- Yu-Gi-Oh! started as a surprisingly dark, bleak manga about a kid who had an evil alter ego that inflicted punishments on bullies that ranged from psychologically crippling, to killing, to eternally damning in limbo forever, but then that card game came along. Cue Lighter and Softer Plot Tumor, to which kid and alter ego start changing via The Power of Friendship.
- To be honest, the post-card game manga wasn't that much lighter. It was still, after all, the manga where people could be amputated, blown up, used in black magic rituals or any number of things just for losing a card game.
- The Savage Dragon started off as a byproduct of the Darker and Edgier period of comics. After about a year or so, the comics began to show some humorous characters, making the comic more fun. Once the 00's came around, the comic was turned into more of a Shout-Out to classic Marvel Comics and is a lot goofier.
- Cerebus itself had this happen at least twice
- The first instance occurred all the way back in Issue 3. The first two issues were - in all honesty - basically straight-up fantasy adventures that happened to star a Funny Animal and had some comic relief thrown in here and there. Issue 3 was where the series started to overtly parody the Heroic Fantasy genre rather than imitate it.
- Later on, after years of progressively-darker and more-serious plot developments, Dave Sim gave readers Guys, Rick's Story and Going Home: three very comedic and light-hearted (although definitely not kid-friendly) story arcs.
- A major offender is the A Nightmare on Elm Street film franchise. The original movie was a very dark and spooky horror masterpiece featuring a mysterious and sinister Freddy. As the series went on, the plotlines became ridiculous, the deaths more over the top, and Freddy became more of a Large Ham who flung witty banter and product placement like nothing else.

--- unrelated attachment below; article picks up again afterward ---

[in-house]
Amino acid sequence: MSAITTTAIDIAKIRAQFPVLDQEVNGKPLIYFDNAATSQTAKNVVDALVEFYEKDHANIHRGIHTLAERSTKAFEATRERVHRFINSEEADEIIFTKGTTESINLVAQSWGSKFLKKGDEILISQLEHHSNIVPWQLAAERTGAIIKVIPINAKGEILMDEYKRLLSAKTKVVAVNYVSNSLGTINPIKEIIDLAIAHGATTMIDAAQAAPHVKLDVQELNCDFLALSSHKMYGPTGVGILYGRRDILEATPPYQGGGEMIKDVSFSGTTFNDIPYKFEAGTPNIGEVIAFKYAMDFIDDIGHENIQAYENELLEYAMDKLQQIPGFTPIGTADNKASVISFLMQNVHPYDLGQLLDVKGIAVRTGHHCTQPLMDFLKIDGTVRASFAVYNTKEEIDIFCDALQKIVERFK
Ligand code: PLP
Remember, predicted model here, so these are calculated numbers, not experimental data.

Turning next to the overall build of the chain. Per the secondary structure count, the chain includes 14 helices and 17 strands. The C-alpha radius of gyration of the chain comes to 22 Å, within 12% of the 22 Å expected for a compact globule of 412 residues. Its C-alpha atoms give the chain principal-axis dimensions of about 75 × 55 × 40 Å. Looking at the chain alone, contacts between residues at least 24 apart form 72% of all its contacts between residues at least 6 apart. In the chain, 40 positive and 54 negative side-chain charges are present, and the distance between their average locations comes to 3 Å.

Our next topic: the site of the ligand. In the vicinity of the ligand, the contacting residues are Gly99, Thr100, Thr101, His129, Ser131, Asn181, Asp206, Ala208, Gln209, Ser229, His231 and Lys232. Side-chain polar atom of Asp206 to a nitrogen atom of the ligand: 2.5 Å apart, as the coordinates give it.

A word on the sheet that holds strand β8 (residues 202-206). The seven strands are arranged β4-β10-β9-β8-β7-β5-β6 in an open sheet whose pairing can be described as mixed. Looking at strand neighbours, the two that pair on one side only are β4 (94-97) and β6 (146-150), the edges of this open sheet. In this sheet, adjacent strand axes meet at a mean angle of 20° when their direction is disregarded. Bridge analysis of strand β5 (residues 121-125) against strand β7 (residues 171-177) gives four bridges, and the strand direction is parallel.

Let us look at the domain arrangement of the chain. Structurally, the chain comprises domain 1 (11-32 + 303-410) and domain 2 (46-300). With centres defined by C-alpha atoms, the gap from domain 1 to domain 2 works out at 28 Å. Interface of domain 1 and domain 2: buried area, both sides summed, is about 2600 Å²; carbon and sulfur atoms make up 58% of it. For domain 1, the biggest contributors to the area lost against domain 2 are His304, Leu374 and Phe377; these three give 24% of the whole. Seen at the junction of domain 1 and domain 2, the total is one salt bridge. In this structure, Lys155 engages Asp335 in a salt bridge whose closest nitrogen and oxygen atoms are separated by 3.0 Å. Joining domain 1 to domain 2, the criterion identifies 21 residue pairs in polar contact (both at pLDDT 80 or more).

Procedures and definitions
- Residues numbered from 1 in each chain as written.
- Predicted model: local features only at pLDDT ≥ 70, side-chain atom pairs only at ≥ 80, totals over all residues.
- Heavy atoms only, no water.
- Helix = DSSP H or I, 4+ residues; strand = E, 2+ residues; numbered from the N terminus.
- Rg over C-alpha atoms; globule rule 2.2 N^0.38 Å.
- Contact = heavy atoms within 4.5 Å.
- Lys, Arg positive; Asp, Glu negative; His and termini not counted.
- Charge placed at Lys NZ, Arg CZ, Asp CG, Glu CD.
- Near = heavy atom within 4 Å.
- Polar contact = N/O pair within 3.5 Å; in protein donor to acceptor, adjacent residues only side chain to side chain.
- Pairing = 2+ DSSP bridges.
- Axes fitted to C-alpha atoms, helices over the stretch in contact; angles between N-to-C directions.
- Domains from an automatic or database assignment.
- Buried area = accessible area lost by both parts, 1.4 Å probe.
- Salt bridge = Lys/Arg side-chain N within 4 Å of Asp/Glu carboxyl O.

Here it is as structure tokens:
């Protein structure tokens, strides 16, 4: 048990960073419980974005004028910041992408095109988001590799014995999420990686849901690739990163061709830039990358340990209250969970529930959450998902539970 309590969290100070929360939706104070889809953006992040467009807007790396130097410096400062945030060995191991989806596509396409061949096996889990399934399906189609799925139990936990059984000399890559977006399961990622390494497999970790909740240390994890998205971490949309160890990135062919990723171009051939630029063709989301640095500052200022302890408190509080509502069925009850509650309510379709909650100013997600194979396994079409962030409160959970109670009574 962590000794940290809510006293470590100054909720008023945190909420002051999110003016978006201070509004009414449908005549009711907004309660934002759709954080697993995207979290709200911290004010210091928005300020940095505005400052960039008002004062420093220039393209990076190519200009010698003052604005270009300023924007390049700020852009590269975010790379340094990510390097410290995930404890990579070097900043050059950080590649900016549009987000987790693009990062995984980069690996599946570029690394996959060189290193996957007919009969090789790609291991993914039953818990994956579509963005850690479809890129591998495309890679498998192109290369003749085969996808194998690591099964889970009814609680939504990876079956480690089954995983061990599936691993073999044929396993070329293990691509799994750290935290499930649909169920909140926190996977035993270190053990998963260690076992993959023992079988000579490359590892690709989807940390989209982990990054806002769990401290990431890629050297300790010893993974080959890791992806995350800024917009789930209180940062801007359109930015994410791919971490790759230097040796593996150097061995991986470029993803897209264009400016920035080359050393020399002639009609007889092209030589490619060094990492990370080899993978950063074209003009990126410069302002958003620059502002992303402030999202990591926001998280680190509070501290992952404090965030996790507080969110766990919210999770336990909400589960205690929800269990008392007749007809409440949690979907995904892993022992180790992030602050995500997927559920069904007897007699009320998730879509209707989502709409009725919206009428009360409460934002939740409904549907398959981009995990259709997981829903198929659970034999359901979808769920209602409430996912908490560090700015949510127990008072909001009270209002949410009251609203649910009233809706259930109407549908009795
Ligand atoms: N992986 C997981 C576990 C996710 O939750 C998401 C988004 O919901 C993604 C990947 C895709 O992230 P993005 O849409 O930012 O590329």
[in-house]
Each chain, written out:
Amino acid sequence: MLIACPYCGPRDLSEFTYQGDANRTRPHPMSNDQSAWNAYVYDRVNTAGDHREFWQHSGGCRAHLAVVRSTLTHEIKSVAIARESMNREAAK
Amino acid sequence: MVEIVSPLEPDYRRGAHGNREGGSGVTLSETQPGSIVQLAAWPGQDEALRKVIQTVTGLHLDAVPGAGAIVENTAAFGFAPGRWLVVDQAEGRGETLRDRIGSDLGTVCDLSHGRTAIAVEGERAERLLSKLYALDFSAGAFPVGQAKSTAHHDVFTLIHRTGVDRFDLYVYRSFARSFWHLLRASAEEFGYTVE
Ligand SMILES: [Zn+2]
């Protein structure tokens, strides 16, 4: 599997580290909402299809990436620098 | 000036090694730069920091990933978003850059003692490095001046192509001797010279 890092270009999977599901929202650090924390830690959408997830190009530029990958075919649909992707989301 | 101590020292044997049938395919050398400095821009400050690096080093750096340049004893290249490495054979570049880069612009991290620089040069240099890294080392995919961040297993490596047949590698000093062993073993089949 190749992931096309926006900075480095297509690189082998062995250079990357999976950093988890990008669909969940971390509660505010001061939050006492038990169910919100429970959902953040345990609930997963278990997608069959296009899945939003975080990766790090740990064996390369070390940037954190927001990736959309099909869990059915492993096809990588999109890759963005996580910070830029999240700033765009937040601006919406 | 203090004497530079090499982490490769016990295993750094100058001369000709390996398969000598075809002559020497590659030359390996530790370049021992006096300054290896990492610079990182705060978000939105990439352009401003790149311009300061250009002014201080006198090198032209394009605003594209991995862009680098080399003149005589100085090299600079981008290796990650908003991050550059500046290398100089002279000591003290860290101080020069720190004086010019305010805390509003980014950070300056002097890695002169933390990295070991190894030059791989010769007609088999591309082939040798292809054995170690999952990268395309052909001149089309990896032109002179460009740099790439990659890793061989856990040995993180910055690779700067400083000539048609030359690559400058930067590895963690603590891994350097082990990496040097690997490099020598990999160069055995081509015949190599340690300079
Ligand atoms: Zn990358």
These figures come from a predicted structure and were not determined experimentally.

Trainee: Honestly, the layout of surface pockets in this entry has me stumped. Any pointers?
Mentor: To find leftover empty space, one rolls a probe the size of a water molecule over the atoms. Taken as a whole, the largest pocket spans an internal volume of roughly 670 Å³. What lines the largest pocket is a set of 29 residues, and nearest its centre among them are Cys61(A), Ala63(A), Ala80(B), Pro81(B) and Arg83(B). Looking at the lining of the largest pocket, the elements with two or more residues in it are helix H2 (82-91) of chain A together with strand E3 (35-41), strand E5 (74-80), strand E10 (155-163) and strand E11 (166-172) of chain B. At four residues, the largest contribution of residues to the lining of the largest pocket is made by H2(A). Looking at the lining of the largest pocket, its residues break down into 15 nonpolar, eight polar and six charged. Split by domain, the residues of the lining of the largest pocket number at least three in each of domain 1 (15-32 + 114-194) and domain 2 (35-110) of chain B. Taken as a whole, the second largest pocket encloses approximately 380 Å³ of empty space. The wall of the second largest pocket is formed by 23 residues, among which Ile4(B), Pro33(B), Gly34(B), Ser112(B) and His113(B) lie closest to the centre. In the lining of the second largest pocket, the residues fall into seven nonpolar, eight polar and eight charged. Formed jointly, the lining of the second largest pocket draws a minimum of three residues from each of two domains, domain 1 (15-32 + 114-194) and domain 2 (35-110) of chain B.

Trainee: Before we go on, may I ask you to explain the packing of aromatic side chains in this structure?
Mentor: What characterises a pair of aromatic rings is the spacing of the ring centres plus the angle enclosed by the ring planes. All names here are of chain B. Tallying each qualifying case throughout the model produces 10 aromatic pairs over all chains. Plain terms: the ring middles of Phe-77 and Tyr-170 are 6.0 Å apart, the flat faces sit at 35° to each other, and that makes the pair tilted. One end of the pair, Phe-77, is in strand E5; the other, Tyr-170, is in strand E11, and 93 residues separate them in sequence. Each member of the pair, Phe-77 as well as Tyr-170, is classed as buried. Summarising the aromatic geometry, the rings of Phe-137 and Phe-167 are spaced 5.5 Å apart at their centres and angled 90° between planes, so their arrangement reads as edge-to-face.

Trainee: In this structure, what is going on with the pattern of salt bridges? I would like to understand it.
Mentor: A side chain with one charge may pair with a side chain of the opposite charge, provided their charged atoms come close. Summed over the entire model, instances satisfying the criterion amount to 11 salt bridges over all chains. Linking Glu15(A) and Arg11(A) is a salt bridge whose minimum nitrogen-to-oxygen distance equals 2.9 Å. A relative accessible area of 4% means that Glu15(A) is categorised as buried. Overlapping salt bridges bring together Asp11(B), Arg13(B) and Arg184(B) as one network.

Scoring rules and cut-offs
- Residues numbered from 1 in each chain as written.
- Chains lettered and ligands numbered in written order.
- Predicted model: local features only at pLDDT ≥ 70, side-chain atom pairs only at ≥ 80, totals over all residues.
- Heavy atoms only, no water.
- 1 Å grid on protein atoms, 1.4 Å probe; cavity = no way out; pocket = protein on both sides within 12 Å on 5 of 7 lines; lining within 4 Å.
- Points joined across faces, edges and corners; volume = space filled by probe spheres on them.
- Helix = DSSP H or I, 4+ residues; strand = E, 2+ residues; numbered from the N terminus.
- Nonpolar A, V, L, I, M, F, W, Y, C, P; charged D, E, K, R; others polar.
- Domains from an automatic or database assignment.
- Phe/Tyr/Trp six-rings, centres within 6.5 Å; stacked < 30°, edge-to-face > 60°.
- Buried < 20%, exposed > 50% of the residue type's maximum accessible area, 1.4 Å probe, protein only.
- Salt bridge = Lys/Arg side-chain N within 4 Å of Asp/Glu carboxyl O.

- Leprechaun series began as a relatively straight horror... And then came parts four and five: Leprechaun 4: In Space and Leprechaun 5: In Da Hood.
- The Child's Play series as well. While the concept of a serial killer in the body of a hybrid My Buddy/Teddy Ruxpin/Cabbage Patch Kid was never entirely serious, the earlier films were played much straighter than the later ones. In particular, the last two are definitely better classified as horror-comedies.
- The James Bond film franchise. While there are still some dramatic character deaths, once it was out of The Sixties there was a lot more self-referential humour and lampshading of the Strictly Formula aspects. The Craig movies continue to play with the formula, but are far more serious.
- The Godzilla franchise started off depicting the horrors of a nuclear holocaust. The first movie was very dark and even by today's standards, frightening. The series gradually went from a horror series to a children's movie series best known for goofy rubber suits and ridiculous plots. The title monster turned into a proud national icon and the source for cartoons, toys, video games, etc.
- The Final Destination films can be accused of this. The first two films were genuinely dark and unpredictable with some nice Character Development and well written death scenes (except maybe for that one in the first movie). Then the third and fourth films basically upped the gore, nixed character development and basically became Bloody Hilarious.
- The two Butter Cream Gang movies by Feature Films for Families experienced this. The first one was a straight drama about growing up, drifting apart from friends, and the pain in trying (and failing) to keep said friendships intact. The second one did a complete 180 from that and was an adventure-comedy complete with buried treasure and inept mooks. Which one is better? It depends on what you're in the mood for.
- The third The Neverending Story movie was widely criticized for having goofy depictions of characters like Falcor and the Rockbiter who spew pop culture references as opposed to the far more serious mood of the first movie.
- This happened to the classic Universal Studios horror films: Dracula and Frankenstein and the Wolf Man started out in genuinely frightening movies, and wound up being outwitted by Abbot and Costello.